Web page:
21 Jun

Well, I made that trip to Boston I told you about in March (see “Anniversary Waltz” post).  You may remember that Boston relies on Massachusetts law on bicycling issues because of the number of smaller cities that intersect with it.  But you may also remember that, in a Boston Reddit conversation over the question of what is a business district in Boston where sidewalk bicycling is prohibited, most commenters reached the same conclusion–treat the entire city as a business district and stay off the sidewalk!

Once I got to Boston I found that Boston bicyclists do what they say.  I was especially impressed when our group was transported into downtown Boston on Saturday night to the Atlantic Fish Company restaurant.  We were in a minibus so I had plenty of time to observe.  And I saw many cyclists in the streets riding along with the auto traffic, stopping at red lights, signalling, knowing they were part of the traffic flow. Some streets we went through had bike lanes; some didn’t.  All persons riding bikes were riding them in the street, like adults who knew what they were doing.

The only bicycle I saw on the sidewalk with a person attached was one woman who came from  the street, dismounted as soon as she got on the sidewalk and walked her bike the rest of the way to a bike stand.  The only people I saw who were careless and clueless were a couple of pedestrians who had hailed a cab and when it stopped a half a block ahead of them, stepped into the bike lane and walked the rest of the way in that lane to the cab.  But that also gave me a chance to see how a Boston bicyclist coming up in that lane handled the situation–He saw them, gave a left hand signal, to cars behind in the next lane over and then moved safely into that lane and around the offending pedestrians.  All accomplished without any yelling, honking by any party.  A wonderful display of city biking and auto awareness as well.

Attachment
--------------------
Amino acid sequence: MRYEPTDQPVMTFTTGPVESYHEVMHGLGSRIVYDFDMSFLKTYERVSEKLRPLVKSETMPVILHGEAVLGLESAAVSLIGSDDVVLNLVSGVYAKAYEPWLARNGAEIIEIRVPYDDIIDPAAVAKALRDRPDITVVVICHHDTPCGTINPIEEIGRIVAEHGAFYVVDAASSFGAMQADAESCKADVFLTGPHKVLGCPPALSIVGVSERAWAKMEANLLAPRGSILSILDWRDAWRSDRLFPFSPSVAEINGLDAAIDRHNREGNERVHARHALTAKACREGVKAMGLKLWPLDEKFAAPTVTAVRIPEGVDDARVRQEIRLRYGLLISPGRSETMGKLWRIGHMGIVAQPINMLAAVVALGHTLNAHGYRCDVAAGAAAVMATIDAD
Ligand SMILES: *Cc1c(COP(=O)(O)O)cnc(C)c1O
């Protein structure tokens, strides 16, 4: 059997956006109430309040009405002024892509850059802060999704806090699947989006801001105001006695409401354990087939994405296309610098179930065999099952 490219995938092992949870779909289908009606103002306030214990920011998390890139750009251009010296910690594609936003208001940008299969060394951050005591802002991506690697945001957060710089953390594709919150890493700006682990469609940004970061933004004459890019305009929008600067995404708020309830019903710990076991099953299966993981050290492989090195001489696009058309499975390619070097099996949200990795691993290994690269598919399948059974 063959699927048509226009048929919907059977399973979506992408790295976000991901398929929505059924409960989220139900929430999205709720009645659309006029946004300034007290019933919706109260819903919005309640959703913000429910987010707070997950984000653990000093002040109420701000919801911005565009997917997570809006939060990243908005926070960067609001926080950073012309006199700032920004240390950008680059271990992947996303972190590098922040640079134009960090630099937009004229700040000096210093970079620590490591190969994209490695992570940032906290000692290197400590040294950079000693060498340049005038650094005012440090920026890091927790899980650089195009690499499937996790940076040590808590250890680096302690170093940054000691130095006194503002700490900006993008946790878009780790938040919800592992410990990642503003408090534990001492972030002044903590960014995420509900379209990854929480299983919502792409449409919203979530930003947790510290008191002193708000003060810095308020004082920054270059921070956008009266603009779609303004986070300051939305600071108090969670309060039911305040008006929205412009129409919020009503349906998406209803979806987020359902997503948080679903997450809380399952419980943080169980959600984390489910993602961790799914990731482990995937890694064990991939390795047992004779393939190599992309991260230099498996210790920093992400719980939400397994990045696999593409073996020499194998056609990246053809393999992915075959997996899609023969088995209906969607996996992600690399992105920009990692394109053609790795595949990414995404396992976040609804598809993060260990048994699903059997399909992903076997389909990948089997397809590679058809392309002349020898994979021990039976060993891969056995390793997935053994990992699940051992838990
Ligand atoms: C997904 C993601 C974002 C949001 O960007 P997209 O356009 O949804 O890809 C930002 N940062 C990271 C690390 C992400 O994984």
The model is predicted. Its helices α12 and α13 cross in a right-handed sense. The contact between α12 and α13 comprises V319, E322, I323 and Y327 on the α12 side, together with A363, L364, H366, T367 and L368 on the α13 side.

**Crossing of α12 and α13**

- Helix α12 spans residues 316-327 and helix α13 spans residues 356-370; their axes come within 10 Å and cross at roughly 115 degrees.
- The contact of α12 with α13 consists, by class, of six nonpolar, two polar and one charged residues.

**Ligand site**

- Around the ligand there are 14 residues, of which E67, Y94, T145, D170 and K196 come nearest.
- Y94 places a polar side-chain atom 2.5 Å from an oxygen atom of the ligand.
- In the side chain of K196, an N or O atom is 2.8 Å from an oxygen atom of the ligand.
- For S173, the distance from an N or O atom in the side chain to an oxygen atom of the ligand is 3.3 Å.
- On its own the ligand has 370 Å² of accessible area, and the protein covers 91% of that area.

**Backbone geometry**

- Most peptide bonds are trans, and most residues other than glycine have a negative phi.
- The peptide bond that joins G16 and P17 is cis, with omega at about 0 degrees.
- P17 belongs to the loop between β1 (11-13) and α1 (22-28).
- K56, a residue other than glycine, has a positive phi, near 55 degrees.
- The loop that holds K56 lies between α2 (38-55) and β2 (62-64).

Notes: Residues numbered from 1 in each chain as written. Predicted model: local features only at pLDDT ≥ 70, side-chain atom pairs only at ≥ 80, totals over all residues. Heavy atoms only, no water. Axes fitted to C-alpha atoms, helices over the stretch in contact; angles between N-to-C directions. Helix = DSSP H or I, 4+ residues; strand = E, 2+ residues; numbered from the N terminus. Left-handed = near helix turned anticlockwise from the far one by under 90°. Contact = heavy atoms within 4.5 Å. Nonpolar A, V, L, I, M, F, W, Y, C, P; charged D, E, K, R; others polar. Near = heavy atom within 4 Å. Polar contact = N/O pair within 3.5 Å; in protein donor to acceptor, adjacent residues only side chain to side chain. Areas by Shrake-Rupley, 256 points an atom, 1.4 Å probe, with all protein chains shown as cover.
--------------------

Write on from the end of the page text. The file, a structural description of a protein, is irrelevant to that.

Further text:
Boston on a Saturday night at least is crowded with traffic on the streets and pedestrians on the sidewalk, not unlike our downtown Central Business District and even my Dupont Circle neighborhood.  But everyone gets along by obeying the rules and watching out for each other.

A final note:  I found out this weekend that one of the neighbors on my floor had worked in Boston for a while (she was wearing a Boston Lumber t-shirt).  So we talked Boston biking for a while.  She said she used to bike in Boston and, of course, biked on the streets, just as I did in NYC.  And then she said that when she first came here she was amazed at how wide the streets in DC were and the huge number of bike lanes, making it much easier to bike in the streets without incident.  SO DC Bicyclists, what’s your excuse for not riding in the streets instead of terrorizing pedestrians on the sidewalks! (Note:  My apologies again to those  DC cyclists who do the right thing.  But unfortunately your good name is being sullied by an increasing number of rogues who don’t.  And your bike association, like the NRA, won’t give an inch to make things better.)